Once a British hill resort, its importance declined and it became a sleepy little hill town. Founded by the British between 1815 and 1847.In 1849, Dharamshala originated as an army subsidiary cantonment for troops stationed at Kangra and adopted its name from an old Hindu sanctuary, called ‘Dharamshala’. . Dharamshala remained a low-profile hill town till the influx of Tibetan refugees along with the Dalai Lama since October 1959. In 1959, His Holiness, the Dalai Lama, came to Mcleodganj in Dharamshala as he had to flee from Tibet and the Prime Minister of India allowed him and his followers to settle here and they formed the Government-in-exile in 1960.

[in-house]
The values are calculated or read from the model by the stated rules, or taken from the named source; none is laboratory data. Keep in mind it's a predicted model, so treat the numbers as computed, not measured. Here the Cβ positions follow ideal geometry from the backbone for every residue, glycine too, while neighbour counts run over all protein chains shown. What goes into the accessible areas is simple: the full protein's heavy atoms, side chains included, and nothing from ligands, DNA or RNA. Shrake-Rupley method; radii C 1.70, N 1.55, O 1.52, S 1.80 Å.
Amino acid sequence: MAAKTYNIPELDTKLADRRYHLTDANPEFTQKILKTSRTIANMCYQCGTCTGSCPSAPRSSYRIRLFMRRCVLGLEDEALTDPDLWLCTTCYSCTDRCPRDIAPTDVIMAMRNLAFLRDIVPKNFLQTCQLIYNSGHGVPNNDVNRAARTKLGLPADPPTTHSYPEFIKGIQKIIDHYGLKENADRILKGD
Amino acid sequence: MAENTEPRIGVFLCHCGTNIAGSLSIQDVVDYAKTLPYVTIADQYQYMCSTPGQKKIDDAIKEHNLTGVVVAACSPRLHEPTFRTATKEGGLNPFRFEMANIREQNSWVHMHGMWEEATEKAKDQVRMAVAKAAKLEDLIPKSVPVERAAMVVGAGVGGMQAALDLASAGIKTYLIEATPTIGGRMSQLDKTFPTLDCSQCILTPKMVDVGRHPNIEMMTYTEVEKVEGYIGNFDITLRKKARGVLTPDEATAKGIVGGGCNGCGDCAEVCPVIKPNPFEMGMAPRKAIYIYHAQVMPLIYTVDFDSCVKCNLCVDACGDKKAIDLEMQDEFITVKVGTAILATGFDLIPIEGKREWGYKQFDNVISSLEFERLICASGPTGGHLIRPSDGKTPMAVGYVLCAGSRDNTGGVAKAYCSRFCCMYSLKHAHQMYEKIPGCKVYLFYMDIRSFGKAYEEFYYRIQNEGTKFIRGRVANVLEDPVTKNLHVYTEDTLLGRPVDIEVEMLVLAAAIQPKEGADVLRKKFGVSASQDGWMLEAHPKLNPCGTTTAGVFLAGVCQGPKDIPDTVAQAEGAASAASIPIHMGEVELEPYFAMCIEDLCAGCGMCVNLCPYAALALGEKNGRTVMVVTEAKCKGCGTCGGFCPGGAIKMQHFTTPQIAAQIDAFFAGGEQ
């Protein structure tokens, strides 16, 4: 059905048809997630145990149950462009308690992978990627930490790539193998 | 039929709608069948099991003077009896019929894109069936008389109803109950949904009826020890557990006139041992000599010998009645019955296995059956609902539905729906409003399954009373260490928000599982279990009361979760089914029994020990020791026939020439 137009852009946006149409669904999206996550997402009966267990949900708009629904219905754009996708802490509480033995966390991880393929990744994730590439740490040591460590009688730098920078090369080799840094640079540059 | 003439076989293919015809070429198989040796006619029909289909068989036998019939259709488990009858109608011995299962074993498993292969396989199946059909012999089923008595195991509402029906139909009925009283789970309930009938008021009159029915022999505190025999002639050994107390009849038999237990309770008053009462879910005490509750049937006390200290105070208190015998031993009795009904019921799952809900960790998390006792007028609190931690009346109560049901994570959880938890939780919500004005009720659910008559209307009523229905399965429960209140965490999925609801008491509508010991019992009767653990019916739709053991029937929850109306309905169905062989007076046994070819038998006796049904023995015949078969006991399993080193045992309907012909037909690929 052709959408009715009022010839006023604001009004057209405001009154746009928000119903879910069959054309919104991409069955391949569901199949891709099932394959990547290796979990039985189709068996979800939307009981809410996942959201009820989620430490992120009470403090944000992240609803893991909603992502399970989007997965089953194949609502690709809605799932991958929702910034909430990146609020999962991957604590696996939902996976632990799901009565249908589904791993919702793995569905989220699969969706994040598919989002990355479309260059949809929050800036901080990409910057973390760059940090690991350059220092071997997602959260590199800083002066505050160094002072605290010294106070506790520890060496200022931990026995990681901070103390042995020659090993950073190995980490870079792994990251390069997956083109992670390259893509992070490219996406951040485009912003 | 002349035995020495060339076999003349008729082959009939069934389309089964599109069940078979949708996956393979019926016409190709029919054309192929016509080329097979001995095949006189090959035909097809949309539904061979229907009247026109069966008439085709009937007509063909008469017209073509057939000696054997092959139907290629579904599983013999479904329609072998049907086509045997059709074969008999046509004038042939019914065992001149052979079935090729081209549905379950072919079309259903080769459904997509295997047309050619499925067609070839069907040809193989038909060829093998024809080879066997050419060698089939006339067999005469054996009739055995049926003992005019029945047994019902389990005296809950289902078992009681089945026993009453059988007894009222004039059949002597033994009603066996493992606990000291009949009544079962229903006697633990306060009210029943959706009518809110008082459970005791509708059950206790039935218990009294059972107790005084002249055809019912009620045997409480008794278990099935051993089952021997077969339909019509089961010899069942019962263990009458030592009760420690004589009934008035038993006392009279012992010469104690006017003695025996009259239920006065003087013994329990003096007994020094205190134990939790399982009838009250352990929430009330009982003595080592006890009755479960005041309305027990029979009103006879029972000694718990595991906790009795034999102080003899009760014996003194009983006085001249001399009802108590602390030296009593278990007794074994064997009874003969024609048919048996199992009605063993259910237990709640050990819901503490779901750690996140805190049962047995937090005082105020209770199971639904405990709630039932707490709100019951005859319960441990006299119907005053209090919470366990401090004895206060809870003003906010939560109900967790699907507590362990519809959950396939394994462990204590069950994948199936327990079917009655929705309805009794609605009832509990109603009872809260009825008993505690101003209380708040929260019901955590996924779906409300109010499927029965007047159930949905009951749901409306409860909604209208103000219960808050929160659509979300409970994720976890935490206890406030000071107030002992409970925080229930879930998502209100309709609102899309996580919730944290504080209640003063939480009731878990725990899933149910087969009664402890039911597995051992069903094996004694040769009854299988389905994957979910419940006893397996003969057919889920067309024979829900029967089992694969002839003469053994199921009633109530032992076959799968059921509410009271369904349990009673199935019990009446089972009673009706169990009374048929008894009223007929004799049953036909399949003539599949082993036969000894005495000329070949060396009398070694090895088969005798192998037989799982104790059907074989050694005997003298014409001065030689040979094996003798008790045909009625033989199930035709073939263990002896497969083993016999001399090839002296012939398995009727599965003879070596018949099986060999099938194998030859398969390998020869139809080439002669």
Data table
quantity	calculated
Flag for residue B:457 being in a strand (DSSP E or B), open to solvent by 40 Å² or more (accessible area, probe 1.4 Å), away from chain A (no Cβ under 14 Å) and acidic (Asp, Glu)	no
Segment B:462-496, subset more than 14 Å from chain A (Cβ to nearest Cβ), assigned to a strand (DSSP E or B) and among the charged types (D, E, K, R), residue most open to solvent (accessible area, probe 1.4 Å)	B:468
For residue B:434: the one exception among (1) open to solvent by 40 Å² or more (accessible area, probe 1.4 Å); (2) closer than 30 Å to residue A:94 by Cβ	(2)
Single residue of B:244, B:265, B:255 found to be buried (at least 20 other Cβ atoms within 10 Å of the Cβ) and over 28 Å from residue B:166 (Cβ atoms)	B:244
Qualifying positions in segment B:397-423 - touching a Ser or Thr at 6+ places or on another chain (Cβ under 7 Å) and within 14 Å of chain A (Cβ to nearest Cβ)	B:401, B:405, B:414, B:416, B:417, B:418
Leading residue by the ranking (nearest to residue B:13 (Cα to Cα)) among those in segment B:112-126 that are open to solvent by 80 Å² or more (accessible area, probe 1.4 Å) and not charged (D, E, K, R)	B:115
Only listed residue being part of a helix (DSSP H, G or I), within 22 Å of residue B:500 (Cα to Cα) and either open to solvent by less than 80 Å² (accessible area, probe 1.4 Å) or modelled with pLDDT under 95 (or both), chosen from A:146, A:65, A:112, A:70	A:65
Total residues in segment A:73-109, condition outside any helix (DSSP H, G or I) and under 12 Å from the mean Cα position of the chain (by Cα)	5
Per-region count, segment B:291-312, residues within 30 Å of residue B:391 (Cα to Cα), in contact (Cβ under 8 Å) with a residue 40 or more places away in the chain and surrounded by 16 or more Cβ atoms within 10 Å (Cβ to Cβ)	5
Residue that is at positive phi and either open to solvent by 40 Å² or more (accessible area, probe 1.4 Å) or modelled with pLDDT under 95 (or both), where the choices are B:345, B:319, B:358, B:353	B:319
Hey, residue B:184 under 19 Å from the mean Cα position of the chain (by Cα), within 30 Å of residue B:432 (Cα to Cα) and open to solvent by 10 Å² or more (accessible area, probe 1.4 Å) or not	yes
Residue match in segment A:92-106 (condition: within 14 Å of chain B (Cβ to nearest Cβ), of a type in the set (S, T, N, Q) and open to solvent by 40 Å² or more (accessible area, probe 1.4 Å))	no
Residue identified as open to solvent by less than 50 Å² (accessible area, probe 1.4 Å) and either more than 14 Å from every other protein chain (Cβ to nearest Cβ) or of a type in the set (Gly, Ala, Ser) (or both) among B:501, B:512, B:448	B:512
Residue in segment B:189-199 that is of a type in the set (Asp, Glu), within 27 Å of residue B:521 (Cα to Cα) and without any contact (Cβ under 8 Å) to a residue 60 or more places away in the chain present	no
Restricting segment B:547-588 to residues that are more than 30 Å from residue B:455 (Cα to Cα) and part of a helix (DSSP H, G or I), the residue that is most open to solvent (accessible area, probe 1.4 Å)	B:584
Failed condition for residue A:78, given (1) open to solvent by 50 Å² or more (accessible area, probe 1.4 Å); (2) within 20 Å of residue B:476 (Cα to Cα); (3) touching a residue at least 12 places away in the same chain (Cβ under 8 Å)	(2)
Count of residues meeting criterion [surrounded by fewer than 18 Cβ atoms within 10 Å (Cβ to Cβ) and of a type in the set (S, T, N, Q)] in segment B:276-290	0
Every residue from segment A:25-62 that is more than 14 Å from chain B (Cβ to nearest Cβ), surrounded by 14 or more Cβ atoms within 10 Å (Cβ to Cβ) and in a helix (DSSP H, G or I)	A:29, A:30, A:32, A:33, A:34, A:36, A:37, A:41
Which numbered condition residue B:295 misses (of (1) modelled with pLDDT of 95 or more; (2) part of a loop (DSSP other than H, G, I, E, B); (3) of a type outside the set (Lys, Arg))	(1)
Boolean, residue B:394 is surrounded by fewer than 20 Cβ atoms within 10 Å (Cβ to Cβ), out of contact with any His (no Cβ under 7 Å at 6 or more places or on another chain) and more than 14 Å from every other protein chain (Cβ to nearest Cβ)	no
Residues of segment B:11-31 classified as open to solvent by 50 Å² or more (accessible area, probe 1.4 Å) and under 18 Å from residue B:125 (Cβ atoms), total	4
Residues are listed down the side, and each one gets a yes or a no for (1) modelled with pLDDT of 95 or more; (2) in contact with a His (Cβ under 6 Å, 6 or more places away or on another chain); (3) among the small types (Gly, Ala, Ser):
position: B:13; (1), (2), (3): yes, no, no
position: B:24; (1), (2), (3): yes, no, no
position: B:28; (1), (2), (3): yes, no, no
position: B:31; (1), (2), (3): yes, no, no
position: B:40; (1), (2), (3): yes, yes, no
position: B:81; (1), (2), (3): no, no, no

India welcomed the religious leader and offered him and his people sanctuary and a place to stay in Dharamshala. Ever since, a continuous flow of refugees has transformed the town into a miniature Tibet with Buddhist temples, schools, crafts organisations, meditation centres, library and medical centre. The upper area of McLeodganj was founded in 1848 and named after David McLeod, the Governor of Punjab
Geographically, Dharamshala is divided into Lower Dharamshala, the commercial base and the Upper Dharamshala including Mcleod Ganj and Forsyth Ganj. Surrounded by the sparkling white snowline of the Dhauladhar Mountains, McLeodganj bears the British architecture and lifestyle. Dharamshala abounds in places of religious significance, natural beauty, commercial activity and adventure.